Girls who studied math and science in girls-only classes early in high school achieved more in these subjects later in high school, but were still anxious about math and lacking in confidence, according to a Canadian study on the effects of girls-only classes in math and science during 9th and 10th grades in two public, coeducational high schools. The girls completed their education in math and science in coeducational classes in the last two years of high school.
Previous research has shown mixed results on achievement from girls-only classes. Much of the research that has been carried out in sex-segregated schools is not likely to be applicable to public education, write Jennifer D. Shapka, University of British Columbia, and Daniel P. Keating, University of Toronto, the authors of the study published in American Educational Research Journal. There tend to be significant academic and socioeconomic differences between public- and private- school students, they note.
Public school settings
Very few studies have examined the effects of single-sex education programs within public-school settings. In the few available, some differences were noted: Girls tend to enjoy single-sex classes more than boys, and it appears that girls benefit more in terms of improved confidence and achievement than boys. But much of this research is questionable because students selected these programs themselves and studies were not controlled for this self-selection.
In this study, 786 Canadian students were followed for two years. Eighty-five girls attended girls-only classes, and 319 girls and 382 boys attended regular coeducational classes. Researchers collected data about student backgrounds, psychological characteristics, parental education, perceived parental expectations, perceived teacher effectiveness and math achievement. Researchers collected information about perceptions of ability as well as actual enrollment and achievement in advanced classes because perceptions of one’s abilities have been found to be powerful moderators of behavior. Lower self-perceptions lead to decreased enrollment in math and science classes as well as lower performance.
Students also self-reported math anxiety and math competence, and effort expended on math through four years of high school. All students in the study were in a university-bound, advanced-level academic track. They were taught the same curriculum with the same pool of teachers, and all classes were similar in size (20 to 25 students).
Because no standardized achievement test is used for university admission in Canada, course grades were used to measure achievement Significant effects were found from the girls-only curriculum for subsequent achievement and course enrollment. However, there were no significant effects on self-confidence or math anxiety, write the authors.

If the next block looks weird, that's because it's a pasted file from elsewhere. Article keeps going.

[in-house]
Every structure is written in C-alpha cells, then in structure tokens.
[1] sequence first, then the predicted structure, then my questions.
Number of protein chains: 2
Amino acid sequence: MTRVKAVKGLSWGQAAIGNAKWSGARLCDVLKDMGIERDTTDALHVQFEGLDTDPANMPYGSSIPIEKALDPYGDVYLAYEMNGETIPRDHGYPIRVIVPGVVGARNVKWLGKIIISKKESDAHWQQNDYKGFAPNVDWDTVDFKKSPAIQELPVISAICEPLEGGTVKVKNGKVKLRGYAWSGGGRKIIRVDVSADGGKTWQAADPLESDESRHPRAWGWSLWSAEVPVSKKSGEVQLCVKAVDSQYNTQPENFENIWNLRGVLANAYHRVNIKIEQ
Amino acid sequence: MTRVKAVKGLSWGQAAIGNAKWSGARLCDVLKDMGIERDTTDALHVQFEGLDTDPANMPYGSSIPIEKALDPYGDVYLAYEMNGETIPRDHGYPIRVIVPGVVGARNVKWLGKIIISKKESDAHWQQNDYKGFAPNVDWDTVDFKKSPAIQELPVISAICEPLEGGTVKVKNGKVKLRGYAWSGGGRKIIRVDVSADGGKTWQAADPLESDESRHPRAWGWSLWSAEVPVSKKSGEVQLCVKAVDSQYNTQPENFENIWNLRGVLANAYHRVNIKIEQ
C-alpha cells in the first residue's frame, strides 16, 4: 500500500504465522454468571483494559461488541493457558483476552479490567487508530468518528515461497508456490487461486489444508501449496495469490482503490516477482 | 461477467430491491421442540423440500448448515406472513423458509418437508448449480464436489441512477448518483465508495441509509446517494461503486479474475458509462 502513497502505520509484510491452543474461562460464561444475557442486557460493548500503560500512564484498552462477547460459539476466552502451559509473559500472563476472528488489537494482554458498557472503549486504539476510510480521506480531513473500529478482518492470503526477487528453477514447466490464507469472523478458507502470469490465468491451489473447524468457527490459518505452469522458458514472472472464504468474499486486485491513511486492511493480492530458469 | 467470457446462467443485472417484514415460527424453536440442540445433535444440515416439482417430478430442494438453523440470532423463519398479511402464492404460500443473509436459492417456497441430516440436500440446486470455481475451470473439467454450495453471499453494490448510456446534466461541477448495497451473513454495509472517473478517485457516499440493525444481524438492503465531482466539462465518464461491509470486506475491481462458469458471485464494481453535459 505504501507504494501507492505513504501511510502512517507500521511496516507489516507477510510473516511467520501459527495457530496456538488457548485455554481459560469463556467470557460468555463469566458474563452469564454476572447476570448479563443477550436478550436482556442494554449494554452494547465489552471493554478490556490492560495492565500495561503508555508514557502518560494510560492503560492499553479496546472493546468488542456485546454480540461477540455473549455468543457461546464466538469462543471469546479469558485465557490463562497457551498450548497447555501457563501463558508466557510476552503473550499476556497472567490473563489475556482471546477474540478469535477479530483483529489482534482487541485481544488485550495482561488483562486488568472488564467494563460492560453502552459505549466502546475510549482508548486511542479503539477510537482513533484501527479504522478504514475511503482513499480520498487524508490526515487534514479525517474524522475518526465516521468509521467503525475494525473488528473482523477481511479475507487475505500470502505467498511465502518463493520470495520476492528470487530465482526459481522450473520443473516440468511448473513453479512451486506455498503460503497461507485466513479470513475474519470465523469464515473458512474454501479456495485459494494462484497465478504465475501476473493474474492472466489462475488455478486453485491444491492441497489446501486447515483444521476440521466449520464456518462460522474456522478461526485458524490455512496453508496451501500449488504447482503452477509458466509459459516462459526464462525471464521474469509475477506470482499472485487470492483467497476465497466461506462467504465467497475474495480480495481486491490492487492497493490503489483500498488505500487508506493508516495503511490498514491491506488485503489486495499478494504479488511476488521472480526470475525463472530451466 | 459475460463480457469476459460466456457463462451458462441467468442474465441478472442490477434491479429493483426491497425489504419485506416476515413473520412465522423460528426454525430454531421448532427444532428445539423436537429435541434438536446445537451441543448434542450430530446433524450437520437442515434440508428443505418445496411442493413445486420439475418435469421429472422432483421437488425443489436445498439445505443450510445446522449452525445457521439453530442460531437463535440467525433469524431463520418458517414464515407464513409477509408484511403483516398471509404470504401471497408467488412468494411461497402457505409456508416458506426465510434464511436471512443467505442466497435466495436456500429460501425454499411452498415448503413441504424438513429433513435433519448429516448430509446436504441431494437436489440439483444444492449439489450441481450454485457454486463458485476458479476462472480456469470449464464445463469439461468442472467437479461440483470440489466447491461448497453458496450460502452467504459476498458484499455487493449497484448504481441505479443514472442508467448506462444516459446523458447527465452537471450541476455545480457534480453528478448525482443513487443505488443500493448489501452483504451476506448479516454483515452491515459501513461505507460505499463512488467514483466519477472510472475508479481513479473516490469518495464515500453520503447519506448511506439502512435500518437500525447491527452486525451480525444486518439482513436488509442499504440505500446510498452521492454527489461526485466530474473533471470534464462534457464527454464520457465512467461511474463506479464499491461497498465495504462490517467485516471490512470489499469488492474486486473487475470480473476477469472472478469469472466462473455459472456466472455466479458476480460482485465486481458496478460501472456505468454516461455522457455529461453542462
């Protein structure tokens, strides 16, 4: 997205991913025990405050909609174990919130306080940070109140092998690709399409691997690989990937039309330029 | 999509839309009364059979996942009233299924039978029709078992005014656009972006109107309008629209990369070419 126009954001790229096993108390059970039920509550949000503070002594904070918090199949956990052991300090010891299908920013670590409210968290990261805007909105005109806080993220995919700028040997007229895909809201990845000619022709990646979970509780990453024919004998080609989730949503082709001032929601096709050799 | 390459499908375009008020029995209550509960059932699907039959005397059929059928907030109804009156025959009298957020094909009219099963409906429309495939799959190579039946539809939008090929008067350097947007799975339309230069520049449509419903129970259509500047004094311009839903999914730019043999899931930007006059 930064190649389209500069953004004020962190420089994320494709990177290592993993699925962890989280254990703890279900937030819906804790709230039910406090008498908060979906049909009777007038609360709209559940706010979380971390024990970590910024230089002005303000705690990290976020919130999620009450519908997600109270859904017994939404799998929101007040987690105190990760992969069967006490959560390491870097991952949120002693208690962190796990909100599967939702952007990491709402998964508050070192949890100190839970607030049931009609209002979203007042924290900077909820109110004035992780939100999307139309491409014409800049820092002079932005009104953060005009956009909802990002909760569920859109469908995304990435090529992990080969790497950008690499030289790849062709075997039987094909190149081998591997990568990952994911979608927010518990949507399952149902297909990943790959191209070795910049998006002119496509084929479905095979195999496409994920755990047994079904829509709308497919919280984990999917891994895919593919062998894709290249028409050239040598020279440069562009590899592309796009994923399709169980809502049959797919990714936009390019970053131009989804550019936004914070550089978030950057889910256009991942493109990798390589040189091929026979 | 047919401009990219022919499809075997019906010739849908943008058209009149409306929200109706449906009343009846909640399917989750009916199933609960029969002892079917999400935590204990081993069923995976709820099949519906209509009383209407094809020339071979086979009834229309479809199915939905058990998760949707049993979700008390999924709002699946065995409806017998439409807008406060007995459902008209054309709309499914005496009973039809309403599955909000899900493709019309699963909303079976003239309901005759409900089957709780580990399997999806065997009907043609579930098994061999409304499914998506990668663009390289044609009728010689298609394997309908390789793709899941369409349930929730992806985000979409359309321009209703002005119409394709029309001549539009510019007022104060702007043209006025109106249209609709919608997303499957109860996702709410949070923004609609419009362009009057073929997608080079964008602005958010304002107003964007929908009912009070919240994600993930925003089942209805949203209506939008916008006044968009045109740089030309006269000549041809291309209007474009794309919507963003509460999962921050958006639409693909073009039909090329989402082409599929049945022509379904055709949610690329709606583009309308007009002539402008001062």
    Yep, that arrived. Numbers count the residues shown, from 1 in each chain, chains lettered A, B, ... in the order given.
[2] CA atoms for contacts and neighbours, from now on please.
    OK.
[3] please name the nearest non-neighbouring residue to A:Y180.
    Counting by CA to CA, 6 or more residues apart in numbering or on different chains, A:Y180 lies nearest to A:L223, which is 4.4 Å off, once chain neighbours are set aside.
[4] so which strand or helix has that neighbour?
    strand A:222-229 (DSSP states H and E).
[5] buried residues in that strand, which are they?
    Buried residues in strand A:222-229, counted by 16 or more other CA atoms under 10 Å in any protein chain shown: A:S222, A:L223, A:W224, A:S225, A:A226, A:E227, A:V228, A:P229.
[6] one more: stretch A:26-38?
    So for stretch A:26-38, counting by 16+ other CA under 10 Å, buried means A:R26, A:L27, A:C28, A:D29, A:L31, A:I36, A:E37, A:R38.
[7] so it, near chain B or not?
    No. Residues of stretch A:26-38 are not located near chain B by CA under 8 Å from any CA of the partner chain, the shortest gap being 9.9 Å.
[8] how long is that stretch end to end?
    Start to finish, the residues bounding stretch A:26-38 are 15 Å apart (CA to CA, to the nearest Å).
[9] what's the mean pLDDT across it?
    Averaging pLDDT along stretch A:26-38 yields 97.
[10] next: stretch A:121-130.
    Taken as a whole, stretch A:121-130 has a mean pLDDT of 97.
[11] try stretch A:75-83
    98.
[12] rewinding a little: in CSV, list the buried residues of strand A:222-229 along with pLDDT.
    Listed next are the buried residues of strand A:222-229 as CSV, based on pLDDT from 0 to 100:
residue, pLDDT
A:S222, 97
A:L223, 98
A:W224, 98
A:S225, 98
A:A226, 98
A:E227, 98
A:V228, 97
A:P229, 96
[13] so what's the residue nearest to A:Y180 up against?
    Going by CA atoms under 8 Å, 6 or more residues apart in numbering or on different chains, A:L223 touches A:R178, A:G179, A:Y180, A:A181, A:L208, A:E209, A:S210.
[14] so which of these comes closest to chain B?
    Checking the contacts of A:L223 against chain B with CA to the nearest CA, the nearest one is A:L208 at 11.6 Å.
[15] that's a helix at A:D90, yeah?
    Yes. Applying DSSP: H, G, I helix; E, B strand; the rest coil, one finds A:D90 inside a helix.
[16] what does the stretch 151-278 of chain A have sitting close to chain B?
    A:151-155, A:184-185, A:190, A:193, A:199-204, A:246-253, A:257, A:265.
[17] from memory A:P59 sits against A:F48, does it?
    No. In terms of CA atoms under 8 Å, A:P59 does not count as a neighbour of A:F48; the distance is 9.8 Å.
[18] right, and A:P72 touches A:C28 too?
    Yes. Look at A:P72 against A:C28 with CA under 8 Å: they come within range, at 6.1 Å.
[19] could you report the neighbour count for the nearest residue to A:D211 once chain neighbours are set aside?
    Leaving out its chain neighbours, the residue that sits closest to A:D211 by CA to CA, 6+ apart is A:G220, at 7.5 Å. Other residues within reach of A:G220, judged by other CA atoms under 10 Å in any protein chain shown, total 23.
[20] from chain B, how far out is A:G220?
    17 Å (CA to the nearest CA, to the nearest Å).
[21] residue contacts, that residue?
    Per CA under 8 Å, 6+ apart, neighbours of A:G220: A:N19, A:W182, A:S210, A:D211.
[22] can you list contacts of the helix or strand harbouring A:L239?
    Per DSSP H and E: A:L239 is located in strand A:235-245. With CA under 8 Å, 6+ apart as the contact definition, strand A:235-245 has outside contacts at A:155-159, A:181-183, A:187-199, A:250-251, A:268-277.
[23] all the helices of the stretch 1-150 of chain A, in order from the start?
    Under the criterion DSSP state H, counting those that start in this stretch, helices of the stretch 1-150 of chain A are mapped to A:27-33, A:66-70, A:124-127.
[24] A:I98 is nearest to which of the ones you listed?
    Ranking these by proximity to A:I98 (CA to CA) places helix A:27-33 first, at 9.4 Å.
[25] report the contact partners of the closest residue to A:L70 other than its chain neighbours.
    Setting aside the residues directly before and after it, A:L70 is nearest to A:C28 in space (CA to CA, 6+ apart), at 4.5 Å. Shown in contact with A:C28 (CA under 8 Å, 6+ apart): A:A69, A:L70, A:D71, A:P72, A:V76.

These researchers sought to address limitations in previous research by controlling for characteristics and other variables among the students and by following up on long-term achievement and attitudes toward math and science.
Students in this study were from middle- and upper-middle-income families. Girls in the single-sex classes did not differ from their peers in coeducational classes on key variables that could influence the effects of the program.
The outcomes were measured once all students were back in regular coeducational classes to examine the long-term benefits of the single-sex instruction and to ensure that any benefits were not simply an artifact of enrollment in a special program. There was strong evidence that girls who were taught math and science in single-sex classes for two years at the beginning of high school excelled at a higher level in subsequent math and science courses and that they took more courses in these subjects.
But, self-reports about math anxiety and competence indicated that girls in single-sex classes did not differ in their level of math anxiety or perceived competence compared to girls in coeducational classes. Girls in single-sex classes expended more effort than girls in coeducational classes, however.
The results indicate that single-sex classes in public schools could reduce the gender disparity in these subjects and ultimately, in math- and science-related occupations. Shapka and Keating call for future research with lower-income students. The researchers could not explain why single-sex classes, while improving persistence and achievement in these subjects, did not reduce levels of math anxiety in girls.
Although the teachers, curriculum, assignments and tests were the same, it was not possible to know, without classroom observation, if different instructional styles were adopted for all-girls classes. In addition, nonrandom assignment and the 70% average in prior achievement may have meant that the all-girls classes were more homogeneous and perhaps easier to teach because of the absence of the lowest achievers, rather than the absence of boys. It isn’t known if climate in the all-girls classes differed from that in coeducational classes. Shapka and Keating suggest two questions for continuing research: Are these program effects generalizable to other contexts and populations, and do these program effects persist beyond high school?
“Effects of a Girls-Only Curriculum During Adolescence: Performance, Persistence, and Engagement in Mathematics and Science”, American Educational Research Journal, Volume 40, Number 4, Winter 2003, pp. 929-960.
Published in ERN May/June 2004 Volume 17 Number 5